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‘He Sold Himself to The Devil’: Messi, 2030, And A Very Uncomfortable Deal with Saudi Arabia

‘He Sold Himself to The Devil’: Messi, 2030, And A Very Uncomfortable Deal with Saudi Arabia
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Adam Crafton | The Athletic

Argentina versus Saudi Arabia at the World Cup in Qatar. A battle for early supremacy in Group C, yes, but also the prelude to a battle off the field that will take place in the coming years.

The 2026 World Cup will be held in the United States, Canada and Mexico but bidding for the 2030 edition opened in June this year with the eventual winner to be selected at the 74th FIFA congress in 2024.

The only confirmed bid so far is a joint initiative by Spain, Portugal and Ukraine, which was announced earlier this year. However, two rival proposals are due to be formally launched.

One will be a South American co-production comprised of Argentina, Uruguay, Paraguay and Chile. The other will be a combined effort by Saudi Arabia, Egypt and Greece. The use of multiple countries within bids is explained by the fact the World Cup finals will become a 48-team competition from 2026.

“A South American bid for 2030 is very strong,” its coordinator Fernando Marin told The Athletic. “The region is a generator of talent that expresses itself all over the world. Additionally, on the 100th anniversary of the first World Cup in Uruguay in 1930, it would be a fitting location.”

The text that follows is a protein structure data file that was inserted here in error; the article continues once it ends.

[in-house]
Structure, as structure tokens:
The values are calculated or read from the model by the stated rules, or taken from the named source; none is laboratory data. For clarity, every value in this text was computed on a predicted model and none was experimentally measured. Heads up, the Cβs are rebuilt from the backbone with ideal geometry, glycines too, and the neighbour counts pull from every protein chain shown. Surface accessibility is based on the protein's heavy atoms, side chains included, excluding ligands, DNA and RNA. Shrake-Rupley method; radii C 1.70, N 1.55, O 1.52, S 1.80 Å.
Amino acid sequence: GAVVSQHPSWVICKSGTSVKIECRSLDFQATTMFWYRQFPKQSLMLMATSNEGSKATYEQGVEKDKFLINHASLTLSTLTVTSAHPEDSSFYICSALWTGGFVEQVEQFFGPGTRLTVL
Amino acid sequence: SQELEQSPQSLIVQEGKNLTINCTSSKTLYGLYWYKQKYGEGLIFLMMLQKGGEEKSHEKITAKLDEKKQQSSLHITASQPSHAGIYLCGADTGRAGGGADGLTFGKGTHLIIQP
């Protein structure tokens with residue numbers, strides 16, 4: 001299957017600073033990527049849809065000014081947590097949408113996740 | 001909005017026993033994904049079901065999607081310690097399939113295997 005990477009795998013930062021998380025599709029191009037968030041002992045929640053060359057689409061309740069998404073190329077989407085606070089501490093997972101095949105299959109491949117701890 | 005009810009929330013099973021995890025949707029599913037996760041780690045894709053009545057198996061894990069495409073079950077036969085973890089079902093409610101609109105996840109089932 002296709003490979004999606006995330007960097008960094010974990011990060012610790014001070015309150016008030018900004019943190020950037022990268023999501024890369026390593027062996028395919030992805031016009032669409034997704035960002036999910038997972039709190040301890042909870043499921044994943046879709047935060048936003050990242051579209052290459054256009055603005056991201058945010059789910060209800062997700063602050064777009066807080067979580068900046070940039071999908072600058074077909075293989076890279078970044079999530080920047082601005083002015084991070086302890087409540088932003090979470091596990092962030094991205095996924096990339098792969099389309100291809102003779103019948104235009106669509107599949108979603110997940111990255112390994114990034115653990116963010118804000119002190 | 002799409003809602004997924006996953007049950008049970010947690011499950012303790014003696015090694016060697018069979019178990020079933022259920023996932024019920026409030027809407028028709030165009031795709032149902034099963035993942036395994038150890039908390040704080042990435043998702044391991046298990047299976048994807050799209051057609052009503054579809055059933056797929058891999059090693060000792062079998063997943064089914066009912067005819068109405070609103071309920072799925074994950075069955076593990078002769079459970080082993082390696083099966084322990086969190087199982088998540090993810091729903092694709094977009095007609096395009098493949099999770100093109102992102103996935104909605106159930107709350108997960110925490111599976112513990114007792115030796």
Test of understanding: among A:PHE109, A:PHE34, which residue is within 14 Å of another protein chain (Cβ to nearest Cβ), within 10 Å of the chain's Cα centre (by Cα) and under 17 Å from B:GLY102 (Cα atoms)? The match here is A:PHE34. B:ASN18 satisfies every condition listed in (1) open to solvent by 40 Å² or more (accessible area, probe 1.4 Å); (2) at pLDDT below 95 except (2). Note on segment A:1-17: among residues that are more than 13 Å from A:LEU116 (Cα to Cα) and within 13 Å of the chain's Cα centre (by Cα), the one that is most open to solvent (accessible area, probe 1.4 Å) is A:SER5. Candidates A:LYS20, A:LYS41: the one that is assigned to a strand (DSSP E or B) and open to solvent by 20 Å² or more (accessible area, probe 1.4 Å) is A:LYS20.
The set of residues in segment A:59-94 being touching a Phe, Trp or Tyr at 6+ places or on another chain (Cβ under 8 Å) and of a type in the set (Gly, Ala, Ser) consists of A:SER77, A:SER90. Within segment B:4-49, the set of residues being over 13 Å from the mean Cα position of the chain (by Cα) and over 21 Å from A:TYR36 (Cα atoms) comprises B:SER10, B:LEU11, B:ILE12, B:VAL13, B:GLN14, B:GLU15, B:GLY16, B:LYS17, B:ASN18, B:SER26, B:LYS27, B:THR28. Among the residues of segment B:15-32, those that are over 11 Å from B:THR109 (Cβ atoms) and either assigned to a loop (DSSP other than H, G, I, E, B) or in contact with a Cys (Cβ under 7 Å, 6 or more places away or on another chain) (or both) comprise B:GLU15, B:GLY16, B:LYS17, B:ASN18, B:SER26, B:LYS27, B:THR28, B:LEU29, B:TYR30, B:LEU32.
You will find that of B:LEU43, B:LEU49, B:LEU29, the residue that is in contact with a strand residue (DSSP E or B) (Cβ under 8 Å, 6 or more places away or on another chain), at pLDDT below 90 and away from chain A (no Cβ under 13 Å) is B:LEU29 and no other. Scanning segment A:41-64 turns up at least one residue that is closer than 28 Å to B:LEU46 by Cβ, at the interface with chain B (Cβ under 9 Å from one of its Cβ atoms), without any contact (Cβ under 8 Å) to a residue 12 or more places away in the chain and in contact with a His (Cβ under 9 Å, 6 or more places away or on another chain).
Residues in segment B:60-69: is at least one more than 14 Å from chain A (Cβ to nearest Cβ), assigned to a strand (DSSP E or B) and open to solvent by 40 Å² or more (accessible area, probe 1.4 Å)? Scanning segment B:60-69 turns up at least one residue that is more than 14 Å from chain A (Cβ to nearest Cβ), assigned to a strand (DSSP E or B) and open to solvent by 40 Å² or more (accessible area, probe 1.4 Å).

In 1930, hosts Uruguay won the tournament, beating Argentina 4-2 in the final.

The South American joint bid was first publicized in 2017, when then Barcelona team-mates Luis Suarez [Uruguay] and Lionel Messi [Argentina] teamed up to promote their countries. Before a match between the two nations, Suarez wore a Uruguay kit with the No 20 on his jersey and Messi wore Argentina’s with the No 30.

Marin told news agency AFP the following year: “Messi will join us in this initiative, and Suarez certainly. We told him [Messi] about our aims, and he feels it’s doable. He showed great desire to help us. He will surely be the flag-bearer for the World Cup.”

This May, however, a fresh development arose when Messi, arguably the greatest and most famous footballer on the planet, signed a lucrative agreement to promote the state of Saudi Arabia.

The first thing to say is that the agreement is to promote tourism in that country, rather than a 2030 World Cup bid itself.

However, the national objective of Saudi Arabia is tied around “Vision 2030.” This is described by government literature as “a unique transformative economic and social reform blueprint that is opening Saudi Arabia up to the world.”

A World Cup bid for 2030, therefore, seems heavily linked to the overall vision and promoting tourism does much to aid that cause. Other examples include the state’s sovereign wealth fund PIF deciding to acquire the English Premier League club Newcastle United, as well as backing the LIV Golf breakaway tour, plus a 10-year, $650million deal to host Formula One races and stage the 2019 heavyweight boxing clash between Anthony Joshua and Andy Ruiz.

Dennis Horak, the Canadian ambassador to Saudi between 2015 and 2018, explains to The Athletic: “The whole opening of the entertainment and sports sphere is a big part of Vision 2030. With the LIV Golf [funded by Saudi Arabia] and now with these sorts of high-level sponsorships such as Messi, they’re trying to take it to another level and make it more global. Saudi’s reputation globally needs a sprucing up and it is about trying to rebrand the country.”